I don’t want to read too much into Hillary Clinton’s appearance on Saturday Night Live, except, of course, I’ve been encouraged to read things into it. So I can’t ignore how, in this past weekend, Hillary Clinton wasn’t entrusted to play herself.
On the heels of her lowest approval ratings in decades, and—in her words—the “drip, drip, drip” of unofficial State Department emails, the SNL visit appeared to be part of the “new efforts to bring spontaneity to a candidacy that sometimes seems wooden and overly cautious.” Because nothing highlights a candidate’s spontaneity and sense of humor like appearing on stage next to professional improv comics.
Indeed, since most non-actors can’t appear natural on stage, 99 percent of SNL sketches starring political figures contort themselves around politicians’ inability to actually act. Especially if they’re starting in cameos and not doing a weeklong improv immersion, pols appear on SNL mainly to highlight the differences between themselves and their caricature. That’s what Hillary did her first time through, after all. (See also, George H.W. Bush, Sarah Palin, John McCain, Bob Dole, and Janet Reno.)
When Barack Obama stopped by in 2007, his lack of pretense gave the spot a meta punchline that doesn’t even need hindsight to be a damning commentary on Hillary’s current project. Set at a Clinton family costume party, the guest in an Obama mask pulled it off to reveal himself to be… Obama. “I enjoy being myself,” he says. “I’m not going to change who I am just because it’s Halloween.”
As for the character Clinton played: the apparently hallucinatory bartender “Val”? Well, Hillary wouldn’t be the first person to plumb a boozy imagination rather than fact for insight into her problems; Clinton fan fiction auteur Ed Klein’s sources seem to come from the bottom of a glass as well. (They even speak with the stiffness of people trying desperately not too seem drunk.)
Of course, SNL didn’t mean to imply that Clinton’s only friends are either paid staffers, family members, or invisible. (Which, by the way, would make her just about as popular as any member of Congress.) Rather, the whole project reeked of the same forced jolliness that brought us recent footage of Hillary’s rictus grin during the “Nae Nae.” But if we elected presidents by the humiliations they were willing to go through to get the office, Hillary would already be finishing her second term.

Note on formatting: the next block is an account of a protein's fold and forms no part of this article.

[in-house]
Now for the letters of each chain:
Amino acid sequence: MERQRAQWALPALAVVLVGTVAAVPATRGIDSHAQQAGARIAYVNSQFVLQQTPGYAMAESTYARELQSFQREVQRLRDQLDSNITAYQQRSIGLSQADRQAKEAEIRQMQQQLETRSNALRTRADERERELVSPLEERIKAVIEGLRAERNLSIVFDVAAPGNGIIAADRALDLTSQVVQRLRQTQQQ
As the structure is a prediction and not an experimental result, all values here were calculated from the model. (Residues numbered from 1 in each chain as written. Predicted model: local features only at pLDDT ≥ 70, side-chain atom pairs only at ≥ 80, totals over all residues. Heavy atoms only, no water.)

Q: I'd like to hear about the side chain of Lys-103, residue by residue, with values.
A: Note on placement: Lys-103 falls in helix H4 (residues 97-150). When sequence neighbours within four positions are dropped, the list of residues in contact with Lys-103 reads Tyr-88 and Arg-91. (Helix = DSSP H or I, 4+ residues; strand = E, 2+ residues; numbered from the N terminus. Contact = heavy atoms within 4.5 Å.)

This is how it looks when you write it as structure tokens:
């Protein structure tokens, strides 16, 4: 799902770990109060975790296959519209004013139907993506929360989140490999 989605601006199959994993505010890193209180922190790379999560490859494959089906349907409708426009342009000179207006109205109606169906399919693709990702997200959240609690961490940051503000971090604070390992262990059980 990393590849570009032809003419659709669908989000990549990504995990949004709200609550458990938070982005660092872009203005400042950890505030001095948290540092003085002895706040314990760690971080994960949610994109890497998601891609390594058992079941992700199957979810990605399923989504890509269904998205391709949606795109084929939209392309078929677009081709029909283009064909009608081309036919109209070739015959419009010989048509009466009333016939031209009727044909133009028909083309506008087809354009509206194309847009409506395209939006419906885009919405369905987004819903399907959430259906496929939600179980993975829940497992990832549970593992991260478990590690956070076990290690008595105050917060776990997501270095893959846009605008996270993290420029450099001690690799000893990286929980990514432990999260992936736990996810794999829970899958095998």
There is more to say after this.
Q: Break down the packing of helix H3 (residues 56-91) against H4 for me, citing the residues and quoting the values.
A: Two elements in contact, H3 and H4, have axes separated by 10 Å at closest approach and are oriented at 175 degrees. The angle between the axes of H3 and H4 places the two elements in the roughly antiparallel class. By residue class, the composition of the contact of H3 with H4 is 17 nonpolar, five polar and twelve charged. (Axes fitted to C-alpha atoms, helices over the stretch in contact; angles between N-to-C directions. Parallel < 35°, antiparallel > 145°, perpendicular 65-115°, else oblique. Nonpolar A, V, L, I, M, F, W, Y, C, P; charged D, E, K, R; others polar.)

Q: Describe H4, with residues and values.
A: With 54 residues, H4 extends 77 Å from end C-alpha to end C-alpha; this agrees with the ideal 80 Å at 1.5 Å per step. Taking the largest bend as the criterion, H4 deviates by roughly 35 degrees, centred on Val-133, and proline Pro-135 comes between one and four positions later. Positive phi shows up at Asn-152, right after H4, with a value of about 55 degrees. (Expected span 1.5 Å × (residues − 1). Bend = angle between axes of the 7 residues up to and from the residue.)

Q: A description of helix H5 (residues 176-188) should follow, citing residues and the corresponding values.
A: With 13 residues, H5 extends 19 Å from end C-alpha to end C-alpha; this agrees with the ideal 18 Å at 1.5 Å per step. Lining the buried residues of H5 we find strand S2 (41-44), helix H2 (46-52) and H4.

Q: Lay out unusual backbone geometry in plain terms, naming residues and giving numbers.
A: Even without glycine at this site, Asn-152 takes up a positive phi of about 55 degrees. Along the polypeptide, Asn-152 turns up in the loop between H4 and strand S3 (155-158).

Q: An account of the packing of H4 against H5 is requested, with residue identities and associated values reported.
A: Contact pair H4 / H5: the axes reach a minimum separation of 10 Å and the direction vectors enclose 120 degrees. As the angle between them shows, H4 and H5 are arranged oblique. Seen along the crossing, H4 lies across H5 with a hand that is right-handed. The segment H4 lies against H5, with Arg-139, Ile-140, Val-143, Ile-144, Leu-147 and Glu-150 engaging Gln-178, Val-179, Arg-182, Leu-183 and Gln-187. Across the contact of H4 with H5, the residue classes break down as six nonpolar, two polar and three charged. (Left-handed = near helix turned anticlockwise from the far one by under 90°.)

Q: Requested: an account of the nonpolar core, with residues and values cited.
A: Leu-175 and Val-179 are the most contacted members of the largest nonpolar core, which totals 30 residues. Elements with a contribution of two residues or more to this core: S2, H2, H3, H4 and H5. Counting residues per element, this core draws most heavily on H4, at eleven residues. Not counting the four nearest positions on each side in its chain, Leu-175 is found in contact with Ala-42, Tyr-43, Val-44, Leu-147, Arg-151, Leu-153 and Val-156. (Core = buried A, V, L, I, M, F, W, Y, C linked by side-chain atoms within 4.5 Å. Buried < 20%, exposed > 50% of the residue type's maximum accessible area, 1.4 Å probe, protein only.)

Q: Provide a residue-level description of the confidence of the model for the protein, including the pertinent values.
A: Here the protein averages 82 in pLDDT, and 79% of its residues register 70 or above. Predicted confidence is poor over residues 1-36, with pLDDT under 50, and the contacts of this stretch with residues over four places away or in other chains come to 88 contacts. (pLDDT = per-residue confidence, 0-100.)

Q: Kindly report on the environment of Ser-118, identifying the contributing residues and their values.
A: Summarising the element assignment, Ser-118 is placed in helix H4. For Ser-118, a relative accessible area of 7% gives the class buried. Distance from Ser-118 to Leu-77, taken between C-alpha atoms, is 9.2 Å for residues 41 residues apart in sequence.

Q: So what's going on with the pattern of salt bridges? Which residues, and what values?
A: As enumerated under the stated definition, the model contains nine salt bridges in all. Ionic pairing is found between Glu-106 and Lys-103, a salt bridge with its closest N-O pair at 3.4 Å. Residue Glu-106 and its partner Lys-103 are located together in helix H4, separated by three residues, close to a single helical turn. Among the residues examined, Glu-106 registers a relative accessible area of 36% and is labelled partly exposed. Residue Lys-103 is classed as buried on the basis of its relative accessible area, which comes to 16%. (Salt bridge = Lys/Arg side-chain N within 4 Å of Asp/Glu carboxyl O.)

The most troublesome thing about the conceit that Hillary needs humanizing is that it suggests competence isn’t human, that there’s something off-putting about not caring very much what other people think of you. Those are Hillary’s core strengths, when she chooses to exhibit them. They are the biting-on-tin-foil truths that made “Texts from Hillary” hit home.
Both Hillary’s critics and her advisers misdiagnose Hillary’s perception problems. House Speaker-to-be-ish Rep. Kevin McCarthy delivered his assessment with hubris-tempting bravado. “What are her numbers today? Her numbers are dropping. Why? Because she’s untrustable,” he said, before taking credit for character-assassination-by-Benghazi-committee: “But no one would have known that any of that had happened had we not fought to make that happen.” If the cause-and-effect between Secretary Clinton and the Libyan attacks were as clear as the connection McCarthy makes between the Congressional Republicans and her poll numbers, they wouldn’t have needed to conduct the fishing expedition in the first place.
Meanwhile, her aides believe McCarthy and assorted bad guys have played right into their hands: “The true game changer is when there’s a personified opponent,” spokesperson Jennifer Palmieri told The New York Times. But if there’s been a time that Clinton has not has a “personified opponent,” it’s only been when she looks in the mirror… and I’m not even sure if there isn’t one then.
So endless ink has been spilled analyzing what propels the dips and swings of her approval rating: She’s popular when she’s the victim! She’s unpopular when you can show her duplicity! She is at her most popular, I’d argue, when she’s working. Working at something other than being popular. While she was fighting for the life of her husband’s administration, while she was a senator, while she was secretary of state. She’s most polarizing, ironically, when she’s running for something—when she’s trying to get everyone on one (her) side.
She works hard at this, because if her enemies think it’s that she’s “untrustable” or “unlikable,” her allies believe the problem is being “unknowable.” So, viz. SNL, Ellen, Lena Dunham, et. al, she is in a state of constant re-introduction, traveling a Mobius strip receiving line that neither the greeter or greeted can get off. It seems exhausting for her. It’s certainly exhausting for us.
Politicians promise to work hard for us, that’s great. What we don’t want is for them to work hard for themselves. Even more to the point: We don’t want them to work hard to be themselves.